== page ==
Are you wrestling with your marriage, unsure whether it’s still working? You could even be beyond this stage, where you know it’s over but you can’t muster the energy or courage to do anything about it. If you have tried counselling or other interventions, and things are still not working, then divorce could be an option you are considering.
While divorce is never the ‘easy’ way out, it can, of course, be made more difficult by how you both act during this time. If children are involved, then it’s even more important to stay grounded and try to find a civil way through the situation. Here are my thoughts as a life coach and therapist on how to handle divorce.
My Experience Of Divorce
Having been through a divorce myself, I can honestly say it was the lowest point in my life. Emotionally, it took me to my darkest days. This took me by surprise because I’d already lost both of my parents and I genuinely felt that if I could survive the loss of my mum and dad I could survive anything. But my divorce was traumatic on a whole new level.
I’m not alone. Most people who have experienced divorce or even separation will admit it’s one of the most painful things they’ve been through. The truth is, even if we are the person doing the leaving, the pain isn’t lessened. There is always a period of emotional adjustment when a relationship ends or is nearing its end. Some lucky couples do separate amicably, but this type of cordiality is rare.
Address Your Emotions
The first step in handling a divorce is to address your emotions. There’s a heightened intensity of emotion during separation or relationship breakdown. For those leaving it can feel exhilarating and liberating one minute, and terrifying the next. Even if they are sure they are doing the right thing, most people don’t enjoy the distress their actions are going to cause the other person – especially when it’s someone they used to love, or perhaps even still love. This naturally can lead to feelings of guilt.
For those being left, it can feel devastating, as though the rug has been pulled out from under their lives. On both sides, there is also almost certainly anger, and it’s often that emotion that can prevent a cordial exit from a long-term relationship. For many people, the loss of control can be tough. You don’t have to be a control freak to experience this. Not having the ability to know what your ex is thinking, what they may have done without your knowledge, or is going to do next, is one of the hardest things about this process. Nothing can prepare you for it.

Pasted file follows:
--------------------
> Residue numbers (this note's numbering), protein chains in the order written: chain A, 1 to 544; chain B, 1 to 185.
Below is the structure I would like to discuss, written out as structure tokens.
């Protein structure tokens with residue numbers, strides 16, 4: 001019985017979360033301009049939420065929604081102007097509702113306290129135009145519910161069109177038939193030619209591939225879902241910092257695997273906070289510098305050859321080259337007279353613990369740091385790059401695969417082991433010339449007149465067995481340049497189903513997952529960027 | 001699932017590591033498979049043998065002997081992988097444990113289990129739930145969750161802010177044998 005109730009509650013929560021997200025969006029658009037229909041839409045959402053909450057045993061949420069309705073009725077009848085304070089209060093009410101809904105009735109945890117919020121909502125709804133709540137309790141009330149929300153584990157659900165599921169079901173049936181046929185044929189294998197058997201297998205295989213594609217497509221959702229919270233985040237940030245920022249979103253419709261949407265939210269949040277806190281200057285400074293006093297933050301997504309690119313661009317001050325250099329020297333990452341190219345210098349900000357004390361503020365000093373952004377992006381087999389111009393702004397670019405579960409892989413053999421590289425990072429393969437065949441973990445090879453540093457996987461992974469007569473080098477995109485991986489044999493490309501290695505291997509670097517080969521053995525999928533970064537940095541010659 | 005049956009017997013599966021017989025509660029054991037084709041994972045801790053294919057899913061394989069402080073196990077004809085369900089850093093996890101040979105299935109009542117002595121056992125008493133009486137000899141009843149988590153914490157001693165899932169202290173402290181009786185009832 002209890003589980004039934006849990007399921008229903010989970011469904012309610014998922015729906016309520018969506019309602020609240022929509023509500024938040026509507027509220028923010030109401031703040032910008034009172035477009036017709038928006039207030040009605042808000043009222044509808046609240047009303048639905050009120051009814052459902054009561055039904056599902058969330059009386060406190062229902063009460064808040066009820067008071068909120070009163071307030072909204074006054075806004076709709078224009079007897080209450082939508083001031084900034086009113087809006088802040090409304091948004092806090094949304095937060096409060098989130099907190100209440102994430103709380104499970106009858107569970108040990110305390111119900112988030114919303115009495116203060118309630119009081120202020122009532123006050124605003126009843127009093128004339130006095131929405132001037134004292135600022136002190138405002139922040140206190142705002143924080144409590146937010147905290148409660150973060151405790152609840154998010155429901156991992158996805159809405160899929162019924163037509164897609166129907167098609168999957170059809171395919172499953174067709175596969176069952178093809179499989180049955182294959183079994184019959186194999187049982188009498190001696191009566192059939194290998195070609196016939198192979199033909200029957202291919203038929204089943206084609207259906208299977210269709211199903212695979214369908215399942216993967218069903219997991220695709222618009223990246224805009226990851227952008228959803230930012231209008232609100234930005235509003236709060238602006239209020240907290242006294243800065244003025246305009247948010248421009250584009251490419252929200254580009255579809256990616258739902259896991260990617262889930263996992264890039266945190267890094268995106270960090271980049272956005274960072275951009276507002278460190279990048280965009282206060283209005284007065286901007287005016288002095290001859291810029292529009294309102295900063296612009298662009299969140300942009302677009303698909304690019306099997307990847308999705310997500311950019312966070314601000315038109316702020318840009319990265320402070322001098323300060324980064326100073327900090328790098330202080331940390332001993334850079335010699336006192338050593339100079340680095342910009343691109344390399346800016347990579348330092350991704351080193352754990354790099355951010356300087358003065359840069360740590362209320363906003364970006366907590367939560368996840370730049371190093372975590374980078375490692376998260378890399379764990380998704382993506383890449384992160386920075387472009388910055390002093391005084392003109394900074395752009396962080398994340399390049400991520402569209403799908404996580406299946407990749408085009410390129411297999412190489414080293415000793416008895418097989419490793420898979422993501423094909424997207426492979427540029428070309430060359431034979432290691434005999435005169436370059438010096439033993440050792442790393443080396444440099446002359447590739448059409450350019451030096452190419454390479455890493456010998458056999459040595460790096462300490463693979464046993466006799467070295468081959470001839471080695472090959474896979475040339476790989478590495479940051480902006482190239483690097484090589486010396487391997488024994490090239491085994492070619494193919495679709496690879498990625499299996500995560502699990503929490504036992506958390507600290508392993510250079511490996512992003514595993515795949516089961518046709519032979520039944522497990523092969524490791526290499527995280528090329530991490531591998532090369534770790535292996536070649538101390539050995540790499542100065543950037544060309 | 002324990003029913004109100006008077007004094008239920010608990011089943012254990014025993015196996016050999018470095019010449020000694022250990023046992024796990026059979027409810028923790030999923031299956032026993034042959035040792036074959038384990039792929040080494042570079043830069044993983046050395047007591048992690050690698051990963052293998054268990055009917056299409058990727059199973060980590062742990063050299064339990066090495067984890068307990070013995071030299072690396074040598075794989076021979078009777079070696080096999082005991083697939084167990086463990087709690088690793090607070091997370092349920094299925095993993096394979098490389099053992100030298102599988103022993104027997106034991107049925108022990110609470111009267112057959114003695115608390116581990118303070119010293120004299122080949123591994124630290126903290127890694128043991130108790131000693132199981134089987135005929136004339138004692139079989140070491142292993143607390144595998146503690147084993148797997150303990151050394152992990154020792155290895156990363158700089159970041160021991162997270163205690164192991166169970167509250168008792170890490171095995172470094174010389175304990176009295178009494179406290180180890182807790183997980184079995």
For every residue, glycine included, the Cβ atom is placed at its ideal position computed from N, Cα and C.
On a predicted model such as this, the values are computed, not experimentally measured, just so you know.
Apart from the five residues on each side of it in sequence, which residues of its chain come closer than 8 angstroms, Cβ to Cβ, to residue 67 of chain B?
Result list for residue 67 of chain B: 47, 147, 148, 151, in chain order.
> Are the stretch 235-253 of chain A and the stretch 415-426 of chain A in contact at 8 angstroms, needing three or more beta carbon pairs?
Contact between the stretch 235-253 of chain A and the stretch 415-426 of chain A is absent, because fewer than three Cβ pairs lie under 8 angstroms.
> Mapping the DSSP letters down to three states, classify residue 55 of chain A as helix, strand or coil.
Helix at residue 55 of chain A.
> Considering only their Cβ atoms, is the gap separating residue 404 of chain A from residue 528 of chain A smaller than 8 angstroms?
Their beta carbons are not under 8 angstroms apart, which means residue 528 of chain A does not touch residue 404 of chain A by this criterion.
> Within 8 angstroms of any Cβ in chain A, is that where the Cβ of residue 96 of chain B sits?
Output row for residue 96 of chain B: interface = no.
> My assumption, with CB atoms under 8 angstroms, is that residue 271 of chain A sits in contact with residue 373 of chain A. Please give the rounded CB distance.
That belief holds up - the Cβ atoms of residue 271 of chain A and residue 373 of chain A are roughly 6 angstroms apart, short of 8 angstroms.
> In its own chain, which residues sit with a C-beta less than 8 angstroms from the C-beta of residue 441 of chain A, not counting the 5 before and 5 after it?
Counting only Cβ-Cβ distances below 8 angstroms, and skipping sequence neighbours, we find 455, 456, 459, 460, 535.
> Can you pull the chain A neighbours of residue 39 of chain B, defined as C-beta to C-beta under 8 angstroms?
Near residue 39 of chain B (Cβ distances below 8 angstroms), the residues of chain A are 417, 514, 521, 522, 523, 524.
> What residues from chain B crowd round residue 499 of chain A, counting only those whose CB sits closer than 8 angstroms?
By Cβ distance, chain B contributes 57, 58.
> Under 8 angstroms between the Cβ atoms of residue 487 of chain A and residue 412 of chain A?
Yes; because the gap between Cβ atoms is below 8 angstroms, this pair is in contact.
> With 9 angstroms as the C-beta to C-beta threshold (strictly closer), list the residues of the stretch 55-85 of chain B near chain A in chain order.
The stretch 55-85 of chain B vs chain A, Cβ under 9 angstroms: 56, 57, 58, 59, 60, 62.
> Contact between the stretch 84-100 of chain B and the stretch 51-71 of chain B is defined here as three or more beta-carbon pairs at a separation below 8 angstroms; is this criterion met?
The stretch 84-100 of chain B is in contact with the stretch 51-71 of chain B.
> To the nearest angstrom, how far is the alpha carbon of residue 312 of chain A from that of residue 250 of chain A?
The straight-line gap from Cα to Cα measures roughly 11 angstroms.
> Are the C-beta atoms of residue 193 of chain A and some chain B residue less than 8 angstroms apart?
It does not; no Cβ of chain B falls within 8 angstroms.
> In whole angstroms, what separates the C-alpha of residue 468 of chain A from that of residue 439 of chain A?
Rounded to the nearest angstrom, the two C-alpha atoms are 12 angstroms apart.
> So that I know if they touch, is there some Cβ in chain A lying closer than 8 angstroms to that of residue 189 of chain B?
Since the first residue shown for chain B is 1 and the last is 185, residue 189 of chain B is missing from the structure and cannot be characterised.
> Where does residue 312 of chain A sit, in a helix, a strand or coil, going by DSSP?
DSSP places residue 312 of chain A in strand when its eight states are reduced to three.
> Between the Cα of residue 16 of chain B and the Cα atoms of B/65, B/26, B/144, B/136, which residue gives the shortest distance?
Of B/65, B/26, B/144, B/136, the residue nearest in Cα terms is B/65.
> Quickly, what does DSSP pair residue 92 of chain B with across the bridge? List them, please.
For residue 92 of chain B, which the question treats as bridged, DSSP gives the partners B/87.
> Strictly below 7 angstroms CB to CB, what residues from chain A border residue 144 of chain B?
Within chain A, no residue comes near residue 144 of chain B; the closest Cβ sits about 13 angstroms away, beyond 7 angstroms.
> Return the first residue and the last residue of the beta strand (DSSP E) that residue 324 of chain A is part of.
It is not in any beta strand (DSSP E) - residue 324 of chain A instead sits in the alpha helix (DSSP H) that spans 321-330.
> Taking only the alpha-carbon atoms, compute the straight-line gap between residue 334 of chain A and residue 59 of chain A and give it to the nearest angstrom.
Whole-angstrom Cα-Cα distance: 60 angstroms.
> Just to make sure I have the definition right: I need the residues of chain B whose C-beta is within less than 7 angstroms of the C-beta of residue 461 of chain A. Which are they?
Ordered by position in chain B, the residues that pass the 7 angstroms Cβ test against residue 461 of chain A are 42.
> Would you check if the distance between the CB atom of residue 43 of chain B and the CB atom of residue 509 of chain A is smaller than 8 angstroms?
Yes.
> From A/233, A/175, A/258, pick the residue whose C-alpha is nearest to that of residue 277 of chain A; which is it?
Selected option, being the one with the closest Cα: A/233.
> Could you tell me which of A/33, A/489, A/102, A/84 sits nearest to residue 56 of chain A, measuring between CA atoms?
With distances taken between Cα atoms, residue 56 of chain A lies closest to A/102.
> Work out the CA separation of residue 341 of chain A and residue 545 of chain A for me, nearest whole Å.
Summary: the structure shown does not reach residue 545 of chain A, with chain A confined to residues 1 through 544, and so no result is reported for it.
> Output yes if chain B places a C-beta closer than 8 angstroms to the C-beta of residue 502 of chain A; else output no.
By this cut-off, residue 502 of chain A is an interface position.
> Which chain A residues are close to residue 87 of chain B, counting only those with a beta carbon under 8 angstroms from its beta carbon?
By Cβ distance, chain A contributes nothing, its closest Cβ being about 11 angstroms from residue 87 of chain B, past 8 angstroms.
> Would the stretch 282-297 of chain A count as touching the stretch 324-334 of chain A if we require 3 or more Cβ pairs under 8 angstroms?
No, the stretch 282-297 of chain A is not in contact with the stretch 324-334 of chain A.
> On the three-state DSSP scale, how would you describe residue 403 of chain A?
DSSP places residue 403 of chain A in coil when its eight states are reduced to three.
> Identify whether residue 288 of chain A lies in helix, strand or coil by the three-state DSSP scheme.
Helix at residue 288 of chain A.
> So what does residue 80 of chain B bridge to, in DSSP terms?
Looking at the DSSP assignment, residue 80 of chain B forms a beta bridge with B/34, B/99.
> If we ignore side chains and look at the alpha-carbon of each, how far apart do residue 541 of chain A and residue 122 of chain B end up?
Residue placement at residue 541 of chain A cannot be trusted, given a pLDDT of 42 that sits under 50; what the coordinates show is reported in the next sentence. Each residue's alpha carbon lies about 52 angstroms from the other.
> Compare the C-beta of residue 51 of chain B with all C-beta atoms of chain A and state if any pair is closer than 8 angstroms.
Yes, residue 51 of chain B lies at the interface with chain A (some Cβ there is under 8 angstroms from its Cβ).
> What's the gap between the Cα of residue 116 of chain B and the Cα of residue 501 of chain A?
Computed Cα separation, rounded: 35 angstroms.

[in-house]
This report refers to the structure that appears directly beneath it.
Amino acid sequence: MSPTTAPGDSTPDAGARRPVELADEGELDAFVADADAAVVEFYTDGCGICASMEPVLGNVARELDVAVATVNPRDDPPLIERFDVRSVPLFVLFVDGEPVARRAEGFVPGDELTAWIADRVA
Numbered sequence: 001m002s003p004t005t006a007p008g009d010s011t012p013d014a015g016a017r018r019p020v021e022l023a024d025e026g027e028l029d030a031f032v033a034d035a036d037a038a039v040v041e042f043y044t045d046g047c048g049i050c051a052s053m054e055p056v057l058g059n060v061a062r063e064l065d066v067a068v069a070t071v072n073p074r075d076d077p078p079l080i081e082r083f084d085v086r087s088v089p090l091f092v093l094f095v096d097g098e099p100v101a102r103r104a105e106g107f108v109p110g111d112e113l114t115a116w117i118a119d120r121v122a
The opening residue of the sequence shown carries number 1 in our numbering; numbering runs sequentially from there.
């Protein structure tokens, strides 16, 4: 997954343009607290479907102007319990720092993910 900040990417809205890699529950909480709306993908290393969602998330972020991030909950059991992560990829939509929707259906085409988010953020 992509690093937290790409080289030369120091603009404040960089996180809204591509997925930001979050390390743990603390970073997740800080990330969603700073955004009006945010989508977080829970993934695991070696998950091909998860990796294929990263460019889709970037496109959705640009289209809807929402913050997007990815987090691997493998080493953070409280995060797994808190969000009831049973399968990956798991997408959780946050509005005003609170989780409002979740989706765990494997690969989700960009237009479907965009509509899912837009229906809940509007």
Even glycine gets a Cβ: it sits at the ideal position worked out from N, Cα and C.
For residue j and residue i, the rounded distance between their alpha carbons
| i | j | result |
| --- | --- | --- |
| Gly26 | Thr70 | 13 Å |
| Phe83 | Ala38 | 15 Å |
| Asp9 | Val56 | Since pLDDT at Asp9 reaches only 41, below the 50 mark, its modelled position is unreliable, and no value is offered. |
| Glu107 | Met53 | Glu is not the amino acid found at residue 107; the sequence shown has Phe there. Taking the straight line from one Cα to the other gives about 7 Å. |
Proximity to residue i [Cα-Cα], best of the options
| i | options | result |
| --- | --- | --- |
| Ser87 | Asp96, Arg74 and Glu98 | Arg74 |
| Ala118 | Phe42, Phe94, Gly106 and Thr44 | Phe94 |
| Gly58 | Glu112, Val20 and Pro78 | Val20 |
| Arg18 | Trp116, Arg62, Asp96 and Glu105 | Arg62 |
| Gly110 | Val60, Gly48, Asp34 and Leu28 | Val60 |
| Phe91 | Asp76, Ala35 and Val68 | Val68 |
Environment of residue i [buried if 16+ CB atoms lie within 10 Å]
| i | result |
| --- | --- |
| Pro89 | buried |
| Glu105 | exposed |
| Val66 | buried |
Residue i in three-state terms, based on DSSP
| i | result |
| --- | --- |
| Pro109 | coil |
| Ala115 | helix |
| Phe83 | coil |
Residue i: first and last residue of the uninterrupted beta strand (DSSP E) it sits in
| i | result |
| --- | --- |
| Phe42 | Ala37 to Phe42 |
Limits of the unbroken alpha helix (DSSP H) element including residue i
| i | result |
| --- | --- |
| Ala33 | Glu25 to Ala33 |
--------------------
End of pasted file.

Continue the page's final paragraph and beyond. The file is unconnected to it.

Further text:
Remember Those Around You
Although there may be a ‘right way’ to end a relationship or a step-by-step guide to help you emerge from the legal process of divorce, it’s such a painfully personal experience I’m not sure there is a ‘right way’ blueprint to follow. Perhaps the best we can hope for is to make the journey as smooth, painless and quick as possible for everyone involved. Try to keep the bitterness, anger and acrimony down to a dull roar, and keep reminding yourself: It’s not just us, but our friends and family who also experience the break-up. Especially our children.
Whether we are the person leaving or the person being left, once loving and happy partners can easily turn into someone neither party recognises. Regardless of what side we are on, we can’t believe the ‘ex’ could be ‘like that’. Often we feel duped, as though we had been in a relationship with a stranger, and communication can be difficult or non-existent. We feel that the person we thought we knew didn’t even exist.
Watch Out For Misdirected Anger
Turning into someone we don’t recognise as hurt, betrayal, resentment or anger consumes us, invading our minds, bodies and souls. We turn into battle-ready fighters, constantly on high-alert for any signs of unfairness or antagonism. In addition, use these moments as fuel to feed our story of why we are right and they are wrong, and our old friend confirmation bias is constantly in play.
This narrative is common, especially when we’ve seen red warning flags along the way but have refused to acknowledge them, or worse, we’ve constantly ignored them. But often the anger we feel when a relationship breaks down is not simply anger towards our partner, it’s anger at ourselves. We know in our heart that we ignored those red flags, swept them under the carpet, ignored them or justified them, certain that they either didn’t matter or that we could fix them.
To Sum Up
Divorce is tough regardless of how long you were married for or what caused the breakup. You will experience a range of different emotions. For many, it can hit them hard. That being said, if you take the right approach and work to be as civil as possible, this can go a long way in remaining amicable. If children are involved, this couldn’t be more important.
In the next few blog posts, I’ll share ways to check your anger and move forward with the minimal amount of acrimony. Meanwhile, my latest book, Your Life Your Way, offers practical tips for moving past anger and sorrow and getting on with your life.
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